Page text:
4.2.10 The determination of main tunnel options in this report considers these zones of sites as a single entity. The individual site options will subsequently be considered and assessed as part of the Preferred Scheme Report. Definition of drive options 4.2.11 For each of the main tunnel routes, a number of drive options exist. The drive options are based on the number of TBMs used and the number of shaft sites that they can be driven from. This approach differentiates between shaft sites from which tunnels can be driven in either one or both directions. 4.2.12 To establish the range of drive options, each drive is considered between two site zones, with a drive shaft site within one zone and a reception shaft site within another zone. By combining different lengths of drive between shaft sites, a number of options can be established. By also applying some basic constraining assumptions (eg, maximum and minimum drive lengths, useable site areas, etc), the total number of options is reduced to a reasonable level. 4.2.13 The following sections identify the criteria used to establish the list of drive options for subsequent assessment of cost, programme, risk and operational impacts. Site zones 4.2.14 To manage the total number of combinations of tunnel drive and launch site options, a limited number of drive/reception shaft zones have been identified by grouping the shortlisted sites. This was based on the geographical proximity of sites. 4.2.15 Table 4.1 identifies which shaft zone each of the selected sites belongs to. These zones are shown in Figure 4.1. 4.2.16 The site suitability reports that are being developed in parallel with this report will look at the sites in greater detail. The shortlisted shaft sites used to identify the zones have been established from the site selection process outlined in the Site Selection Methodology Paper. These shaft site locations are also shown in more detailed plans on the alignment drawings in Appendix B. 4.2.17 The specific assessment of the available worksites within each zone is not considered within this report. These factors will be examined within the preferred scheme workshops and Preferred Scheme Report. This will include its use as both a temporary worksite and the final permanent works requirements. 4.2.18 The site selection process searched for three types of shaft sites to construct the main tunnel:   main tunnel drive shaft sites main tunnel reception shaft sites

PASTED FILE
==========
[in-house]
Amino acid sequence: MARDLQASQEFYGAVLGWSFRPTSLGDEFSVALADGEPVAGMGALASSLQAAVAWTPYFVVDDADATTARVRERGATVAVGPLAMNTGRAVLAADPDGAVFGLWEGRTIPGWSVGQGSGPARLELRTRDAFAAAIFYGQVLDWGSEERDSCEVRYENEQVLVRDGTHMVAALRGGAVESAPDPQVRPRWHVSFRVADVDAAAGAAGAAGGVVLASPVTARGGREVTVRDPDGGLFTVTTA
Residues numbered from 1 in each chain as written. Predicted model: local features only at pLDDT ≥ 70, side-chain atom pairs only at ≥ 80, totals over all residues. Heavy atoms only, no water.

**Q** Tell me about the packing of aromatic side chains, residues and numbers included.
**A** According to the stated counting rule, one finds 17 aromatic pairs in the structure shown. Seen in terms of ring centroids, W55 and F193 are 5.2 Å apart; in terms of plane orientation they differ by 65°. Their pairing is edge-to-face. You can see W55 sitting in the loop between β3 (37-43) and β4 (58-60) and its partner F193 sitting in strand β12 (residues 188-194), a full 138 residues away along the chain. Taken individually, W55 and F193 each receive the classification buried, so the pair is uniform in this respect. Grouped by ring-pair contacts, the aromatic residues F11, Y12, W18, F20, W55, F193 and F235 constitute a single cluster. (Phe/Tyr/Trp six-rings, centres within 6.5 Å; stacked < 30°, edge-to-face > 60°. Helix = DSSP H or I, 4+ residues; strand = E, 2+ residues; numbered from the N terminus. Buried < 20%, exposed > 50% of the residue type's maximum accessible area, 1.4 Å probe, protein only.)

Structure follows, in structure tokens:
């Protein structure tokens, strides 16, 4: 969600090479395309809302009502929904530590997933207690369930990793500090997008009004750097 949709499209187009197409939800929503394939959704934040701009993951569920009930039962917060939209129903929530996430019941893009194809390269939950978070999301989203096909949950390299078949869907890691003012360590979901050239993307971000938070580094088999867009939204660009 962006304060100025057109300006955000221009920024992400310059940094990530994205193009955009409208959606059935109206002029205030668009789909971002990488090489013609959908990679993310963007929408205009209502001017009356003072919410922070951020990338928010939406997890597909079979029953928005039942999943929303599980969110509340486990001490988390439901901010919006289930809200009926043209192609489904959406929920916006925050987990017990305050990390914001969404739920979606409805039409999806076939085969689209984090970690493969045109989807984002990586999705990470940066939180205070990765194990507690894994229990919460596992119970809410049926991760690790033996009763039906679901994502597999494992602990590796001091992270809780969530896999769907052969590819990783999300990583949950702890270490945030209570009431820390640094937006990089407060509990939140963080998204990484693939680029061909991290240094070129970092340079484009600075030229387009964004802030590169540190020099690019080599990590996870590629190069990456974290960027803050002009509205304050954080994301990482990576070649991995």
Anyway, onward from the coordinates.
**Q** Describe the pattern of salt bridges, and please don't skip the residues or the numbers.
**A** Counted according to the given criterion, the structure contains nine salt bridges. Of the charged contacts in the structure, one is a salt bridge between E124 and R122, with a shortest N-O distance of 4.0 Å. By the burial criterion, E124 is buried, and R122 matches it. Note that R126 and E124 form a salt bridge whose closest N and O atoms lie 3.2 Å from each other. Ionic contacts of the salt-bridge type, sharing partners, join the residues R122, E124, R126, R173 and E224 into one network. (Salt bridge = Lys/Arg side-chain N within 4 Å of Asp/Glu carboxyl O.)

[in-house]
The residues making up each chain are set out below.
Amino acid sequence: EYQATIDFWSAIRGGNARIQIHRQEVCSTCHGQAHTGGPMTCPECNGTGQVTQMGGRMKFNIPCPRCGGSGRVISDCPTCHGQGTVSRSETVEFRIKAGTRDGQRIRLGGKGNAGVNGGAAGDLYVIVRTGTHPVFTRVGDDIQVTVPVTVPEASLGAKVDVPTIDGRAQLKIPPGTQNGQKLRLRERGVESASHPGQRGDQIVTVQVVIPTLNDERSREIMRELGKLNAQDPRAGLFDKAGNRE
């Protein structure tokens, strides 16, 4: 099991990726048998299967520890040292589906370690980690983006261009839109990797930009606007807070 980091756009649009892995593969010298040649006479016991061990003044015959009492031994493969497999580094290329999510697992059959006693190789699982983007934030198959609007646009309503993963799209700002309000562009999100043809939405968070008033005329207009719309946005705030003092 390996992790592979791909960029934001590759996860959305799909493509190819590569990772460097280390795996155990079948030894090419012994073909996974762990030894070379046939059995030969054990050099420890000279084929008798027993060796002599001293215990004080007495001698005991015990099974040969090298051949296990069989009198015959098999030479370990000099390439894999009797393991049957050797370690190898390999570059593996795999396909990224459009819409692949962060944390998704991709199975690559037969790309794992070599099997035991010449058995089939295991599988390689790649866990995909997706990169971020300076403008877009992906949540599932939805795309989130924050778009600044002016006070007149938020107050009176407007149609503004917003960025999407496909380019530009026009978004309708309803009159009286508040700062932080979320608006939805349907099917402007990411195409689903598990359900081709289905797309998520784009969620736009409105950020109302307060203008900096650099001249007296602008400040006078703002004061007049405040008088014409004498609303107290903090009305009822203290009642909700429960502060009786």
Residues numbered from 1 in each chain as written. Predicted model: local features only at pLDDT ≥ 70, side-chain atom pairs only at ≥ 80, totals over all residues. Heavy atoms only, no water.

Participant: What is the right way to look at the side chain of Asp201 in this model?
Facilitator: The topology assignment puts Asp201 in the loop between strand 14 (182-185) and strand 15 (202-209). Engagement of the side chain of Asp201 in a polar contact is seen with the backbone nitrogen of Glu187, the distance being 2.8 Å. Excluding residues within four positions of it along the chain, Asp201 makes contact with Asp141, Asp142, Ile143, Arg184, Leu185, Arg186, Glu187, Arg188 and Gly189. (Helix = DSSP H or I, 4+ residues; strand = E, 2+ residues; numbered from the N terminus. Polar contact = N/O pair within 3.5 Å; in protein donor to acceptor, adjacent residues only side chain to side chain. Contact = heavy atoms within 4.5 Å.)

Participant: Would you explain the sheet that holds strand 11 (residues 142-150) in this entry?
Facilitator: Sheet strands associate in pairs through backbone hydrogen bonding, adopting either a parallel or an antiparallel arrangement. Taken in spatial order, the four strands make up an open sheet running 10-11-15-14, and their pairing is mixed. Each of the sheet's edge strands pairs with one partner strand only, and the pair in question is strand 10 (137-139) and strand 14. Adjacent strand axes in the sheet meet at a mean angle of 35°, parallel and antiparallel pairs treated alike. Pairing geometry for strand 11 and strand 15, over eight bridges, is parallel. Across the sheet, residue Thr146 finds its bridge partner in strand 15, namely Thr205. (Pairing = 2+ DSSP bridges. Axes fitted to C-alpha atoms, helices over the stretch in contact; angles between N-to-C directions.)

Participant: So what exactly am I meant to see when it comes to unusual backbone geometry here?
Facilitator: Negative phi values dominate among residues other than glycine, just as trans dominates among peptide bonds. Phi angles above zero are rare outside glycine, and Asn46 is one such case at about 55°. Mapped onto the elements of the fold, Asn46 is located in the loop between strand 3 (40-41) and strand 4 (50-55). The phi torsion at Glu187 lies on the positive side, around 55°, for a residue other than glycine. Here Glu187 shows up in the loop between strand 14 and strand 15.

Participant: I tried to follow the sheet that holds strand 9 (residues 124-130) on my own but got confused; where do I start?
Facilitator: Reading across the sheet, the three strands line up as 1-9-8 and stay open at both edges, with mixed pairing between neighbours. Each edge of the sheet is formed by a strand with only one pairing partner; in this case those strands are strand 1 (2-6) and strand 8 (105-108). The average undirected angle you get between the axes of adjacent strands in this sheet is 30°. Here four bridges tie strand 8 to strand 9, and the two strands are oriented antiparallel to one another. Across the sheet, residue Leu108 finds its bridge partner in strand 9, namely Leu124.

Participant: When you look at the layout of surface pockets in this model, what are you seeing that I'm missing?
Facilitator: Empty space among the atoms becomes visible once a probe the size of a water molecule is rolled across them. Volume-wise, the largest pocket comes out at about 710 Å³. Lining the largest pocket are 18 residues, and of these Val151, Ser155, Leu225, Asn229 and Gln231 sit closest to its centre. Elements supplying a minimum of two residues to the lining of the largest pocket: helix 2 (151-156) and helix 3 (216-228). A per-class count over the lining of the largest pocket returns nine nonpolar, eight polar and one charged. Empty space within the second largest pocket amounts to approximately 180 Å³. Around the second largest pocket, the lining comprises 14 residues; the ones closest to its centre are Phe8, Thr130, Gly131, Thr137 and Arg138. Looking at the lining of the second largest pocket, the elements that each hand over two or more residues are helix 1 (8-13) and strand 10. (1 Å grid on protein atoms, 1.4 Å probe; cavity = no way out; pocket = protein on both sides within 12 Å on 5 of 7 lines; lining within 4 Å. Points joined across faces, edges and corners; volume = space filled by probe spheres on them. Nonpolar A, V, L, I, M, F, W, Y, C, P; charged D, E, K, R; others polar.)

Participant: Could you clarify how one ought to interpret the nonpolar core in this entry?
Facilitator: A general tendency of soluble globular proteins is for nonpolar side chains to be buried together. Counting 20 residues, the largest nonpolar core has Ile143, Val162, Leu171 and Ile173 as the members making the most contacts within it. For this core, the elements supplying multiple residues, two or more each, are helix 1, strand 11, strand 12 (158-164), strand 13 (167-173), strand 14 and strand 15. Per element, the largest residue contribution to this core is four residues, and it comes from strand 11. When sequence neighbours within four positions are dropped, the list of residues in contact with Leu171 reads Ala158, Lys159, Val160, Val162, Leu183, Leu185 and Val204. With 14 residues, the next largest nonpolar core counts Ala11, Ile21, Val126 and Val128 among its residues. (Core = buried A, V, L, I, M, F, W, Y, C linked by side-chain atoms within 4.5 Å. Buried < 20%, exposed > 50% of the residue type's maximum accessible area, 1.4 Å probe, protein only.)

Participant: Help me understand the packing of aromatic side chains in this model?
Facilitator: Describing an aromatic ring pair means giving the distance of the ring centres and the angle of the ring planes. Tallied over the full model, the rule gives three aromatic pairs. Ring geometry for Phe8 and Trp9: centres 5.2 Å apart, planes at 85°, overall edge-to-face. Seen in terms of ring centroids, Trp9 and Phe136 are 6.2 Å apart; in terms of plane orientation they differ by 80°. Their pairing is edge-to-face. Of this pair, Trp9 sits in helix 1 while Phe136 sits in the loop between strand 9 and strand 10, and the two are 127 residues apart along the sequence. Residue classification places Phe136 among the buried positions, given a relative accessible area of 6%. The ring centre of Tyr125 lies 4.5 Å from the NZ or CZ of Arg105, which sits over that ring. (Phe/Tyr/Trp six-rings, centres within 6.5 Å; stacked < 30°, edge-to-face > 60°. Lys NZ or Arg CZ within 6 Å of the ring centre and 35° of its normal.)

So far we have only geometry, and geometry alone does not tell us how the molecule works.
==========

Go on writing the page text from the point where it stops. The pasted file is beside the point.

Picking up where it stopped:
Page 28